Tourists advised to avoid using U.S. dollars in Cuba
BY ILSA RODRIGUEZ
TOURISM Minister Manuel Marrero has recommended that tourists intending to visit Cuba from November 8 onward should avoid using U.S. dollars and, instead, bring other convertible currencies.
At a press conference Marrero stated: "it is recommended that from that date, visitors to the country not carry U.S. dollars and instead bring euros, Canadian dollars, GBP sterling, or Swiss francs, whatever is be easier and more economical. "
He clarified, however, that tourists who so wish will be able to use U.S. dollars, although he pointed out that a surcharge of 10% will be applied when purchasing convertible pesos, a measure announced last Monday by President Fidel Castro.
In his speech, Marrero said that alongside the circulation of convertible pesos, the euro is an alternative currency in specific locations in six tourism complexes that currently offer this service: Varadero, Jardines del Rey (Ciego de Avila province) Santa Lucia (Camag?ey), Covarrubias in Las Tunas, the tourist area of Holguín, and Cayo Largo del Sur in the vicinity of the Isle of Youth.
In a detailed report on the matter, the minister stated that this measure (the 10% surcharge on exchanging dollars for convertible pesos) "has not been adopted to generate additional income, but to discourage the use and actual circulation of U.S. dollars and to offset the costs and risks stemming from the use of this currency within the national economy."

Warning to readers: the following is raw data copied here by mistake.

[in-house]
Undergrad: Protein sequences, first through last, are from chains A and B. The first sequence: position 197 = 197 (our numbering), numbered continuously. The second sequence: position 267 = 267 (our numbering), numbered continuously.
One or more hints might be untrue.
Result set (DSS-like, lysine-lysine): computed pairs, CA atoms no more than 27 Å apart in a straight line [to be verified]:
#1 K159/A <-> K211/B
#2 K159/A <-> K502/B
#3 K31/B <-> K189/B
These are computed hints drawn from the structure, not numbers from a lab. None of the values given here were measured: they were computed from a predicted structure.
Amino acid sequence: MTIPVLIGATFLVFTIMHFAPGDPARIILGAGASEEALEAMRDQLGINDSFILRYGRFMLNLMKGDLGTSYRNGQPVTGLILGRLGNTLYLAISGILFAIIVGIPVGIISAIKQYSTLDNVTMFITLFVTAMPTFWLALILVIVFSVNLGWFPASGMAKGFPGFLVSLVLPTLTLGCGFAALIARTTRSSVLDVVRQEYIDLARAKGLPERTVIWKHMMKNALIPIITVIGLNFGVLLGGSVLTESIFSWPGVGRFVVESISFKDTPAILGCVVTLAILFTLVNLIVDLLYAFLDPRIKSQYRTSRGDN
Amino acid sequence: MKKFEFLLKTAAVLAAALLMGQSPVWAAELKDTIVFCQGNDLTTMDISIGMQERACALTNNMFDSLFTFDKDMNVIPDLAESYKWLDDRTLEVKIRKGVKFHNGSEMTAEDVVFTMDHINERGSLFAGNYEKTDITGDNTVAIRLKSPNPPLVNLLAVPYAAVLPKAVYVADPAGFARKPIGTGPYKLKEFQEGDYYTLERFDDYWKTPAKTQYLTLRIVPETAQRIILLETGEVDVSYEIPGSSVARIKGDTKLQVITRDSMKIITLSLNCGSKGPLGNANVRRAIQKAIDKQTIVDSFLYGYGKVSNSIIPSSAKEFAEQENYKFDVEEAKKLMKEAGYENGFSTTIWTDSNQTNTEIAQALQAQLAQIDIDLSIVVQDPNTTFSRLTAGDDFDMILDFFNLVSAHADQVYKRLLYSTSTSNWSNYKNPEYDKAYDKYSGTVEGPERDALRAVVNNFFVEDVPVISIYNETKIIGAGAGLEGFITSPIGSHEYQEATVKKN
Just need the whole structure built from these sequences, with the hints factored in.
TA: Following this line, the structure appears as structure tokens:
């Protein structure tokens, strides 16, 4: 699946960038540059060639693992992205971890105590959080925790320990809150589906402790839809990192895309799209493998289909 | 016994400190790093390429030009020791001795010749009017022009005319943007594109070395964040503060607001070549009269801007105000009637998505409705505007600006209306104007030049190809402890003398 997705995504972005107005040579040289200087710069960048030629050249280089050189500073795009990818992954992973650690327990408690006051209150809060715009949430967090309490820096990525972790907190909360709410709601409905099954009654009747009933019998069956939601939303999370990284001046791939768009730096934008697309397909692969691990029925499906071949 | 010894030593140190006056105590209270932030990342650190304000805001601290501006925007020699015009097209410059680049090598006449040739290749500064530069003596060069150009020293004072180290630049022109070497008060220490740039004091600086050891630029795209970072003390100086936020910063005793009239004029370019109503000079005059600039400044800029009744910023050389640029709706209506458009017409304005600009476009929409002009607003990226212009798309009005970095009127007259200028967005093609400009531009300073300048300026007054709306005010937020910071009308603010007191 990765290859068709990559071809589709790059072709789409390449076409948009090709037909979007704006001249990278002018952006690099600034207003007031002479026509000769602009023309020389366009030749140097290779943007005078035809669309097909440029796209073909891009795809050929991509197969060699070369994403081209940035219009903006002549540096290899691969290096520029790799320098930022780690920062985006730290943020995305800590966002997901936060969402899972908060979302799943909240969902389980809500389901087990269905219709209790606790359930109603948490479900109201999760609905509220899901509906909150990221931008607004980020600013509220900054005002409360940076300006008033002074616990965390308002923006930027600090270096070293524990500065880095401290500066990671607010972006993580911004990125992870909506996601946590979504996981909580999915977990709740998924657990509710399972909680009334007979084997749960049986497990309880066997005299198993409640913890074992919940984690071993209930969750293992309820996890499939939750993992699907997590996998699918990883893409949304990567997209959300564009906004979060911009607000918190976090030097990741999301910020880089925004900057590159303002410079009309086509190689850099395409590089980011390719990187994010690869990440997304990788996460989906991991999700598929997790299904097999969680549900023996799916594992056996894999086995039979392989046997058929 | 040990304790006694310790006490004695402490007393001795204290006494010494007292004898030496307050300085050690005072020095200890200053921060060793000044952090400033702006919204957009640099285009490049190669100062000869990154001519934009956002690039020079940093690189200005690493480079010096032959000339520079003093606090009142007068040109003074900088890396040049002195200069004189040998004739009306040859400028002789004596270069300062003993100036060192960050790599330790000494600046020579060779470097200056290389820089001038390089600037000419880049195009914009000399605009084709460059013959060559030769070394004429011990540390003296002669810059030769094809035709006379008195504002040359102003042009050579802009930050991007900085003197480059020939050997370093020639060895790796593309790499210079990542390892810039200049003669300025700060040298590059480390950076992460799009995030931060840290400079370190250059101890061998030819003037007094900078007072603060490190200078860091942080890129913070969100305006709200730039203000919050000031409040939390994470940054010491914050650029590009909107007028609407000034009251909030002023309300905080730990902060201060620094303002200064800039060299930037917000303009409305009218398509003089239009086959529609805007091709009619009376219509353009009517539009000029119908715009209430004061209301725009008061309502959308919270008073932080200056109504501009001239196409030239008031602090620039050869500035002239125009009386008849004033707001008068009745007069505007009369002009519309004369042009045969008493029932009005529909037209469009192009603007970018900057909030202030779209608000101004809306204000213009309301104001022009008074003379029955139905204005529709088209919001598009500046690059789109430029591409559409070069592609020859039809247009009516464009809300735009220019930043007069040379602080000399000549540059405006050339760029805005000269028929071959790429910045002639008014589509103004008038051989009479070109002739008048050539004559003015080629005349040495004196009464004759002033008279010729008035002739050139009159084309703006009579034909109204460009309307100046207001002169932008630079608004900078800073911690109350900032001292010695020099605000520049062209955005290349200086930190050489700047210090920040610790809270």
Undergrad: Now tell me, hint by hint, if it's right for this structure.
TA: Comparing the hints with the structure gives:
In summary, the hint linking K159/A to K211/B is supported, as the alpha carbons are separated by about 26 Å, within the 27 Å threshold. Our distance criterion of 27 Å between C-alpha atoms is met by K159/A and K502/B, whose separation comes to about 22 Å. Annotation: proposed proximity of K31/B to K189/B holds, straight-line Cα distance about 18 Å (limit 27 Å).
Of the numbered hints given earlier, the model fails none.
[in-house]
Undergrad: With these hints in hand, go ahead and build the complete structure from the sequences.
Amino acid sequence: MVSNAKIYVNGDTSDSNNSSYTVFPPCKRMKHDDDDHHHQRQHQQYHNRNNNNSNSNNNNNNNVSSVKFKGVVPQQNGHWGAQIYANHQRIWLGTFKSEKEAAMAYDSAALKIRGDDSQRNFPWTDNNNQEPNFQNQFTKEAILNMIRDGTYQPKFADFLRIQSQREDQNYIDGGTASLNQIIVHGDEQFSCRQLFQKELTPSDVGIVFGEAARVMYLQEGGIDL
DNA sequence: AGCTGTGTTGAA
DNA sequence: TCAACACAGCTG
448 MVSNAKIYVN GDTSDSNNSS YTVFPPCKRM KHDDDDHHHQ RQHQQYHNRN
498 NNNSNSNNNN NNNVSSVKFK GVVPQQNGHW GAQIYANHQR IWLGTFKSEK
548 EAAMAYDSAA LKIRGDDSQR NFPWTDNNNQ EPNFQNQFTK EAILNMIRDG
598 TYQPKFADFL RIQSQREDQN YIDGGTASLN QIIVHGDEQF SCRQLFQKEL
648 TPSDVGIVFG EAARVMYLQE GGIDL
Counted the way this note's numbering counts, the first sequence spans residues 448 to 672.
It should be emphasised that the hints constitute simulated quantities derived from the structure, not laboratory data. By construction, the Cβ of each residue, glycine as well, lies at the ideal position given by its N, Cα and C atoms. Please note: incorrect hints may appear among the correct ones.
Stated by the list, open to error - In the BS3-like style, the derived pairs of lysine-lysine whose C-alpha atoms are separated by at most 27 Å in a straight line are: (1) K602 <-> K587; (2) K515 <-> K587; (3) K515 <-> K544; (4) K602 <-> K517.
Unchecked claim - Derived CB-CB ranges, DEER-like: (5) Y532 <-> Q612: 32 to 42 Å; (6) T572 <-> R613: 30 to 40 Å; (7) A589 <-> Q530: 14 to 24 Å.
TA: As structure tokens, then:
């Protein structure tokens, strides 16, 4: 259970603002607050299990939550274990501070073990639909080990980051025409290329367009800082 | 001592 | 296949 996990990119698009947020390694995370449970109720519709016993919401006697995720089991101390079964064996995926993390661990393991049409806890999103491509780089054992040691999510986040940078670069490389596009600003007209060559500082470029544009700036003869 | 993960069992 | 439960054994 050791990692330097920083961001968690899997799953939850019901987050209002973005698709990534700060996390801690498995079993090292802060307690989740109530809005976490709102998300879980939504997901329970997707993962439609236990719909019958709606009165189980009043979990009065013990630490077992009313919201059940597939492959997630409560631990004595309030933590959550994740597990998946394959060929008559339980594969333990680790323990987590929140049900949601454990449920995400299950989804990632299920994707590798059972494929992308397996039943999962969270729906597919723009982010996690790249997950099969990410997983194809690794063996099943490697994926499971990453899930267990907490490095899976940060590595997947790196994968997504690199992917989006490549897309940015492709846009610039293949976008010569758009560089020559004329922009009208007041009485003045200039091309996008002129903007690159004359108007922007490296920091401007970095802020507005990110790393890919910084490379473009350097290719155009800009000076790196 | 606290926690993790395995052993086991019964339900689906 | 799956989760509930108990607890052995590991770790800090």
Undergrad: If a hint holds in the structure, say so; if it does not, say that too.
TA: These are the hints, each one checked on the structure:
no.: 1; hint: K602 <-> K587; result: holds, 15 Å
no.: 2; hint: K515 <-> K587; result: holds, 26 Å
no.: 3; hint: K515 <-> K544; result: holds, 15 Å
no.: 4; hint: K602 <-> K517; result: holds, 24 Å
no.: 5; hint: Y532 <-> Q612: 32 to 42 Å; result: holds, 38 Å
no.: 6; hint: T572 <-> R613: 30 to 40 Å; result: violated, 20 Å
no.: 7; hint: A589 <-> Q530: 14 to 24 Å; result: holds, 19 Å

He highlighted that 75% of tourists who travel to Cuba habitually use currency that can be exchanged for convertible pesos in any establishment, simply based on the international market rate of exchange (without any additional surcharge)
The majority of visitors to Cuba come from Canada (28%), the European countries (40%) including the United Kingdom (7%), he emphasized.
He also announced that they will be able to continue using international credit and debit cards accepted in Cuba, either to make payments or to withdraw cash, for which nobody will be surcharged, including credit cards issued in U.S. dollars.
From November 8, prices at international marinas, terminals, cruise docks and duty free stores at the airports will be in convertible pesos, but U.S. dollars will be accepted with the announced surcharge of 10%. (PL)